3 Tips for Managing Compassion Fatigue and Empathic Distress
The narrator of the story “Standard Loneliness Package” works at a call center in Bangalore, experiencing other people’s pain for twelve dollars an hour. (Official company motto: “Don’t feel like having a bad day? Let us have it for you.”)
“Pain is an illusion, I know, and so is time, I know, I know, I know. The shift manager never stops reminding us. Doesn’t help, actually. Doesn’t help when you are on your third broken leg of the day.”
(Charles Yu, Sorry Please Thank You, p. 1)
Of course none of us can really feel someone else’s physical pain. But it’s all too common in the helping professions to take on the burden of others’ emotional pain.
During her clinical training rotations in graduate school, Dr. Teri Lawler provided counseling to children and families in crisis.
“My challenge was that I absorbed the pain of many of the clients that I saw as if it were my own. My heart broke at every session and by the end of my clinic rotations, I could barely breathe. […] I found myself frequently tearing up in anticipation of appointments. I worried so much about my clients and their families between sessions that it interrupted my sleep.”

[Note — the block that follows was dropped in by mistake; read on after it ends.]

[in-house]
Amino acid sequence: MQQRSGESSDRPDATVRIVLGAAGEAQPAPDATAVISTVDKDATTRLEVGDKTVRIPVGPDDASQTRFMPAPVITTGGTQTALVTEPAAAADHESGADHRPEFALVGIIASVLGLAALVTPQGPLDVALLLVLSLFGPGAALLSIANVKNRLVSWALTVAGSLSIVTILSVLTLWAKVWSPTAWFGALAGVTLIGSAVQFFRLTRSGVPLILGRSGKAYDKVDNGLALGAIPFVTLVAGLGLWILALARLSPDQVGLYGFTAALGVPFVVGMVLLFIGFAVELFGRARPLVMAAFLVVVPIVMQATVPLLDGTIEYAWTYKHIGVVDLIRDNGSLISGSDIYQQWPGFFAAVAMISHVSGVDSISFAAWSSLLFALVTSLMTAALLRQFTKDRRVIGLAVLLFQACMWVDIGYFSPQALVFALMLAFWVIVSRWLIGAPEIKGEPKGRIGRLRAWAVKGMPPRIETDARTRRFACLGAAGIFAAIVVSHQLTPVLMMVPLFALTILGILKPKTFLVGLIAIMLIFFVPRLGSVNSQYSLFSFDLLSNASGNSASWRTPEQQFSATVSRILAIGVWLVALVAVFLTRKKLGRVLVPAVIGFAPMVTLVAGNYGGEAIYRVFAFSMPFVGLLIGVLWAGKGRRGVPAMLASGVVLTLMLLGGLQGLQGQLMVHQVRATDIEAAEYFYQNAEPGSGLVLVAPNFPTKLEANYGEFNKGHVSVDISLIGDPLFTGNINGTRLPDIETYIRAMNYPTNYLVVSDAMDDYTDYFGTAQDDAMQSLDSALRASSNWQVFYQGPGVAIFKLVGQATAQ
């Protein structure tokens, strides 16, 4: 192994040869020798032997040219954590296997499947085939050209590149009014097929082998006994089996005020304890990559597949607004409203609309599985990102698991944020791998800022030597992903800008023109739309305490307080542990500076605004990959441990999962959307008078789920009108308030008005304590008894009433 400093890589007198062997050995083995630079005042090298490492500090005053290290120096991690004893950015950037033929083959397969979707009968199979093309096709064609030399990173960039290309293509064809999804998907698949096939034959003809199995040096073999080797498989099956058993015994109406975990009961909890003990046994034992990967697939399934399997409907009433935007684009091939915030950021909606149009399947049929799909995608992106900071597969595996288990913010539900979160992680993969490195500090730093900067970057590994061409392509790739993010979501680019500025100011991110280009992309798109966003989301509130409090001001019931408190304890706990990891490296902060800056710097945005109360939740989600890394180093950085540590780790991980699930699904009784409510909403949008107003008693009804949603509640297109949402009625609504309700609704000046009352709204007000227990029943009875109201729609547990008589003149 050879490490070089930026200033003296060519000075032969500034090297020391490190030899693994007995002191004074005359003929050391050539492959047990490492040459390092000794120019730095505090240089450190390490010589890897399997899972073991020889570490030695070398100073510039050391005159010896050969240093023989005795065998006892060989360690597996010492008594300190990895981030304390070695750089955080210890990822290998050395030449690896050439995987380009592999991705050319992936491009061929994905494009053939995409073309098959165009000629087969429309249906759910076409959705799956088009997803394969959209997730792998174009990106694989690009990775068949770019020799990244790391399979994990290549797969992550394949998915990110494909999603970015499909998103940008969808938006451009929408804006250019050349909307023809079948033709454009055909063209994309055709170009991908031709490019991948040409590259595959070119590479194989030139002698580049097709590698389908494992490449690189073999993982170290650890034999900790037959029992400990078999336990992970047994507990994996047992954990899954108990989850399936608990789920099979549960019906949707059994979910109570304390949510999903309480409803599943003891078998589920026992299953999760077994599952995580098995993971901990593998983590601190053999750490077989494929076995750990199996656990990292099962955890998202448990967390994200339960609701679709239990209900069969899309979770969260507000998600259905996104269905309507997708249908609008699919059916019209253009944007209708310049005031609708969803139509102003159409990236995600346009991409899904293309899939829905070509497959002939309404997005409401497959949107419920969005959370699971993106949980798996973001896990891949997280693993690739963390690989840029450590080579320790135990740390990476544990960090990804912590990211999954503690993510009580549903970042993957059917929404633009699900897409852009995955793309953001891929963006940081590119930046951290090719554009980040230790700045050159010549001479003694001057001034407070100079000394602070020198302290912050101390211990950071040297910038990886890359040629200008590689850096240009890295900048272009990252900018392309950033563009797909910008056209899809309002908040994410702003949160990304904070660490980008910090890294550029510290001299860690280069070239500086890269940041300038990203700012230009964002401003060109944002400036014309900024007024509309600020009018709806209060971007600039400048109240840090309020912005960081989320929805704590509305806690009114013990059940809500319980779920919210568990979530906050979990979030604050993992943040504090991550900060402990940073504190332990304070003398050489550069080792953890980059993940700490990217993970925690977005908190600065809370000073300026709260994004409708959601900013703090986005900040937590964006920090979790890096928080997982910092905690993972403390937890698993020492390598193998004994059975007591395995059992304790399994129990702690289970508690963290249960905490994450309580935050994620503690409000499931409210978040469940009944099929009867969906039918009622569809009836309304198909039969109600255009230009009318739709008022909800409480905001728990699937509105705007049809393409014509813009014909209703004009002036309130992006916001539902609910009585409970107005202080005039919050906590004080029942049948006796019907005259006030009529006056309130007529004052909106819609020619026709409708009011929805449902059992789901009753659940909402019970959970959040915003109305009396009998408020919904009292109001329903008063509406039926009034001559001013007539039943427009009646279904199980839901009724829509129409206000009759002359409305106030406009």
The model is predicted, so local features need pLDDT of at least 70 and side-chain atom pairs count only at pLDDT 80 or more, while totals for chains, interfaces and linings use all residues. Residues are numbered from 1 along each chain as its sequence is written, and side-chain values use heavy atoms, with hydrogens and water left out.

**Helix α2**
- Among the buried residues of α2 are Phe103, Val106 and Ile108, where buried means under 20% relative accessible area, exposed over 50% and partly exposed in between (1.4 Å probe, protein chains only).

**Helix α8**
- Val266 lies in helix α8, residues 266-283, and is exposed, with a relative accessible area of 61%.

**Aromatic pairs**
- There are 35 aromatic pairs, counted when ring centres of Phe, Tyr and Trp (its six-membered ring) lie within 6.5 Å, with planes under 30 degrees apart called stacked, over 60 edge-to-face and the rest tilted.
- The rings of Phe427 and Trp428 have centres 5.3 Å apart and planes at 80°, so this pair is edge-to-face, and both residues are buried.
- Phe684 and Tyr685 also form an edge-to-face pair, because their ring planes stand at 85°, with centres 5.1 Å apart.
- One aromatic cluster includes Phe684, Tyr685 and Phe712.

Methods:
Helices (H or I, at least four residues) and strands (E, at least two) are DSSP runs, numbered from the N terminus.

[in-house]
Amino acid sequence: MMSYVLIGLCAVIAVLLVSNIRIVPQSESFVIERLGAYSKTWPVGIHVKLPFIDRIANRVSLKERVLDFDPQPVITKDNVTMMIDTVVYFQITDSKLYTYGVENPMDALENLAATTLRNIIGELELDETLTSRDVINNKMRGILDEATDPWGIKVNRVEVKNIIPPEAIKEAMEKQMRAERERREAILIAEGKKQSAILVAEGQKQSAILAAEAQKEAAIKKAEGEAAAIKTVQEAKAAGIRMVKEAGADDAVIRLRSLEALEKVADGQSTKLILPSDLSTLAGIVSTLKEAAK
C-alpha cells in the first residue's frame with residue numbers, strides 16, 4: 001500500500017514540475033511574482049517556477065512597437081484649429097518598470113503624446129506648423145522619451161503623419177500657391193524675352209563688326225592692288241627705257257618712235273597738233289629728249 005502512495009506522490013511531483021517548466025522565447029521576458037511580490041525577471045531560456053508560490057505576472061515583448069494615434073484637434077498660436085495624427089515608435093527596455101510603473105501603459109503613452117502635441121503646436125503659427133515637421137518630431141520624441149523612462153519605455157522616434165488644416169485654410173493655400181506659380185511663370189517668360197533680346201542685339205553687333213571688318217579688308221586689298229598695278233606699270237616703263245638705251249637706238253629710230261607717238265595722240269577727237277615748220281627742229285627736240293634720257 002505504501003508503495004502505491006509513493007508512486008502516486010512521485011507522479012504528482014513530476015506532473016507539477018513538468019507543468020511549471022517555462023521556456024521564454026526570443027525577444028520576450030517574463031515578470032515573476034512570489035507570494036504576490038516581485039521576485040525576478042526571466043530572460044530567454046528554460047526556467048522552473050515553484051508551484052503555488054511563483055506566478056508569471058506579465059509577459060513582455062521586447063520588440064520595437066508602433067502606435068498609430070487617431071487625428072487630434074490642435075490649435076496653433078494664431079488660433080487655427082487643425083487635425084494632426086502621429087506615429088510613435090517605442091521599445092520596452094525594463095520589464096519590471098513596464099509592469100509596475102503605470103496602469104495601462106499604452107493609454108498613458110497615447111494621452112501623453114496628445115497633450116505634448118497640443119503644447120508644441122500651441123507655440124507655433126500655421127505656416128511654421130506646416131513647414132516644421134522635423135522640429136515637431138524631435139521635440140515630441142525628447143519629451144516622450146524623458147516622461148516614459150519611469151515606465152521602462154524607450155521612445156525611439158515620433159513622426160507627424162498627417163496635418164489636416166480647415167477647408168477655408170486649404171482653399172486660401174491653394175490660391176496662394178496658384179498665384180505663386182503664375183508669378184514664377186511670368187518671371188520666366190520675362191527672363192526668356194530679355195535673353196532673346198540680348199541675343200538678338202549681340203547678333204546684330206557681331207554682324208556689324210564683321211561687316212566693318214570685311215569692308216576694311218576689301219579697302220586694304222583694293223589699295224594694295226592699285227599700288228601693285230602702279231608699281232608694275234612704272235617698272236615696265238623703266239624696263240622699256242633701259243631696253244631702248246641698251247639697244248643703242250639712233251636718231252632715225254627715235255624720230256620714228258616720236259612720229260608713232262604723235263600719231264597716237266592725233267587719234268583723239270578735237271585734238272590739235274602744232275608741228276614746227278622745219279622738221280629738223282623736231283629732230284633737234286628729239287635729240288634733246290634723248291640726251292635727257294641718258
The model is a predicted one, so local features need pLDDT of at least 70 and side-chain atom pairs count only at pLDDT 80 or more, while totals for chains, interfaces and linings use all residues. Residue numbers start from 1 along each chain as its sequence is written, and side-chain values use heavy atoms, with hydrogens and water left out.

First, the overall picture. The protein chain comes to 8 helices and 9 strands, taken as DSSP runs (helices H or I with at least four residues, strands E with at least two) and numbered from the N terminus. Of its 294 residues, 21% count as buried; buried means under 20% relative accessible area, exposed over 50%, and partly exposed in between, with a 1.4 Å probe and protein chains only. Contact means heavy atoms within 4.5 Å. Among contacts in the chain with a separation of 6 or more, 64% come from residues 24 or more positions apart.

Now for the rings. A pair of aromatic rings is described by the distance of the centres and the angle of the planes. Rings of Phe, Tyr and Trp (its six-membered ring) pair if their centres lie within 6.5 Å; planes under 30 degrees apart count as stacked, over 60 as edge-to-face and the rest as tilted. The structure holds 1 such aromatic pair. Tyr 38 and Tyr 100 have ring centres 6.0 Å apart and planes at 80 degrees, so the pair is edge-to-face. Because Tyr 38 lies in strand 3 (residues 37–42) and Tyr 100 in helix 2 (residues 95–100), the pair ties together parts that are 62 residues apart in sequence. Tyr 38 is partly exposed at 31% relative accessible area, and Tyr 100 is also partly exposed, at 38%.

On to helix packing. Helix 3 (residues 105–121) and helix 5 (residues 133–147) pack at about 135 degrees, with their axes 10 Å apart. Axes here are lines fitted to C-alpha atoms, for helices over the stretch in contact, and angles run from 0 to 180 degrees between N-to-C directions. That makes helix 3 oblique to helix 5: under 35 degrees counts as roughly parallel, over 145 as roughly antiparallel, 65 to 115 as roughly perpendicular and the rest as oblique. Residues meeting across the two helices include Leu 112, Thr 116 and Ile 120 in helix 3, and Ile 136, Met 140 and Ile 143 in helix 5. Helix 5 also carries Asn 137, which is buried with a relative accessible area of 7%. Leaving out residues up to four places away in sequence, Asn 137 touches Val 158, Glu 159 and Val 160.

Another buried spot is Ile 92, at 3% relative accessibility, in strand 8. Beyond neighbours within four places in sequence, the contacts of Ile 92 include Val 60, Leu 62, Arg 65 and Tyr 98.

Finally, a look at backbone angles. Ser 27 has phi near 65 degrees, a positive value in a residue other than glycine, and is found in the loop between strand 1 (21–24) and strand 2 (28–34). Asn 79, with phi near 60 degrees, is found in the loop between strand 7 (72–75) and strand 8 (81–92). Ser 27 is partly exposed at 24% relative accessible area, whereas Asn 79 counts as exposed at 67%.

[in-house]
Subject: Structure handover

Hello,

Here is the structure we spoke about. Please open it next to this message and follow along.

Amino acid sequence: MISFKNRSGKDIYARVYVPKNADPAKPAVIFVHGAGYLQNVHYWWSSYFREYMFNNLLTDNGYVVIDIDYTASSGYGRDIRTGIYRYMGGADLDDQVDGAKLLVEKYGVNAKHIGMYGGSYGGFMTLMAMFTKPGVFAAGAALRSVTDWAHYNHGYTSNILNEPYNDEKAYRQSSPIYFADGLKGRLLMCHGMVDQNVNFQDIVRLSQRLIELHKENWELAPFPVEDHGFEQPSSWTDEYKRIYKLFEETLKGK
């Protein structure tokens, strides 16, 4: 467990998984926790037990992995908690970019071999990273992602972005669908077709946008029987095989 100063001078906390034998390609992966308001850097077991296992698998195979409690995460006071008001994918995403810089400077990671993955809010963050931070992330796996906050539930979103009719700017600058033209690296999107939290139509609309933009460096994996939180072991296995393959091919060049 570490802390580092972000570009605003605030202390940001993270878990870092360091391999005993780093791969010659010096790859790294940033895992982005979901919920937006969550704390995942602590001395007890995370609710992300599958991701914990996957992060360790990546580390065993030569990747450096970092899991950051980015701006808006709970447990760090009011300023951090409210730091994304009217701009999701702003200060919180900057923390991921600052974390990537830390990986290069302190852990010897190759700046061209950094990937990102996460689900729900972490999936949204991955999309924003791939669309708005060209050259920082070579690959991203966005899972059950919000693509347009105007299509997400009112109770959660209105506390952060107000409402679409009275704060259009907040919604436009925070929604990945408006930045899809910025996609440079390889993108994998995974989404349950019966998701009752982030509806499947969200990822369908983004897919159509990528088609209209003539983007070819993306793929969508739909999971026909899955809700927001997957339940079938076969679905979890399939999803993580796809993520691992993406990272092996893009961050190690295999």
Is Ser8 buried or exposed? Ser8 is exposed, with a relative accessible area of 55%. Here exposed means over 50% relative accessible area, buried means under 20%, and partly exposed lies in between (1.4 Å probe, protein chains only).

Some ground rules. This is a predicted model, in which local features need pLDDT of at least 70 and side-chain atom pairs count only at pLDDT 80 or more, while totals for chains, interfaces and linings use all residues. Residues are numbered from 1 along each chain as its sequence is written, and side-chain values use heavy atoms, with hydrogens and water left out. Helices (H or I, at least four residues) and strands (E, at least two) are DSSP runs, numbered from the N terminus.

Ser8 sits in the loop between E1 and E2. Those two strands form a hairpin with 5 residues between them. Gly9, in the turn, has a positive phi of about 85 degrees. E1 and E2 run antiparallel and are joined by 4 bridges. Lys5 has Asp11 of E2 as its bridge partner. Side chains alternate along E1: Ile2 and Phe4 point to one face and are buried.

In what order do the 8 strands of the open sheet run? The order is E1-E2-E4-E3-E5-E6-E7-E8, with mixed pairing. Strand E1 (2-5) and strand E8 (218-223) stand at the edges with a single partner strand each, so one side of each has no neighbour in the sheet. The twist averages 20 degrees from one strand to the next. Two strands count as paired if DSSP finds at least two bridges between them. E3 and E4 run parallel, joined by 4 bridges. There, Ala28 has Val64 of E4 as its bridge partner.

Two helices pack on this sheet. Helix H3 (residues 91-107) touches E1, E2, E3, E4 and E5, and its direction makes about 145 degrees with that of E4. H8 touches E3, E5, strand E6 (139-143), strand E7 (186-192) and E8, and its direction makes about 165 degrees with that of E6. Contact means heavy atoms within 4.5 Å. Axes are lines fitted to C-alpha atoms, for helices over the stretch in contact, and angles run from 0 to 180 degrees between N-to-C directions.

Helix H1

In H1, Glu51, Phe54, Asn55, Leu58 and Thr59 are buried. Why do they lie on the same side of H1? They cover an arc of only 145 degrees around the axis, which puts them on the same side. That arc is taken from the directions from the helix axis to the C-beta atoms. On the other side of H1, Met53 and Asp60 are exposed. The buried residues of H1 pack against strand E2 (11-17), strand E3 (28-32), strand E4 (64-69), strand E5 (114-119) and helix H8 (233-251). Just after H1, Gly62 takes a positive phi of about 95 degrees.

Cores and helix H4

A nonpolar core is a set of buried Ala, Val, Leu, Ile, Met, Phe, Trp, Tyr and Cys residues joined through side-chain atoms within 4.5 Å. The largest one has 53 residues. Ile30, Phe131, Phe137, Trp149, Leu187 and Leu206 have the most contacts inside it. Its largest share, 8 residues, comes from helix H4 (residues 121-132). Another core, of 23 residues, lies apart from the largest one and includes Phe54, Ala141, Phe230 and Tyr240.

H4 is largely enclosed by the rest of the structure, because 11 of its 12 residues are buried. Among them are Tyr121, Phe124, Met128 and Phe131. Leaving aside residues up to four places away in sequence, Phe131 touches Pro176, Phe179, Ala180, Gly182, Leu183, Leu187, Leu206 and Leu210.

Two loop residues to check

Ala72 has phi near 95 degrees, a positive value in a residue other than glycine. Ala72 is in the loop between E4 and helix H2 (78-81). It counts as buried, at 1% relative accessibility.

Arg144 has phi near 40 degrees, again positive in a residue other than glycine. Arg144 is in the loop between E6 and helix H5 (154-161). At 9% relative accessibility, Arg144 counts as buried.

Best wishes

Dr. Lawler tried to “anesthetize and disconnect” herself from the trauma but realized that
“it was absolutely unnatural to cease feeling and I did not want to continue like that in my personal life or in my work. I was certain that I could be more valuable by feeling with others without letting the hurts consume me or those around me.”
“Feeling with others without being consumed” is one of the biggest challenges among therapists, educators, healthcare workers, and other professional helpers. Over the past 30 years, I’ve seen far too many kind, well-intentioned people become overwhelmed by the endless need of their students, patients, or clients.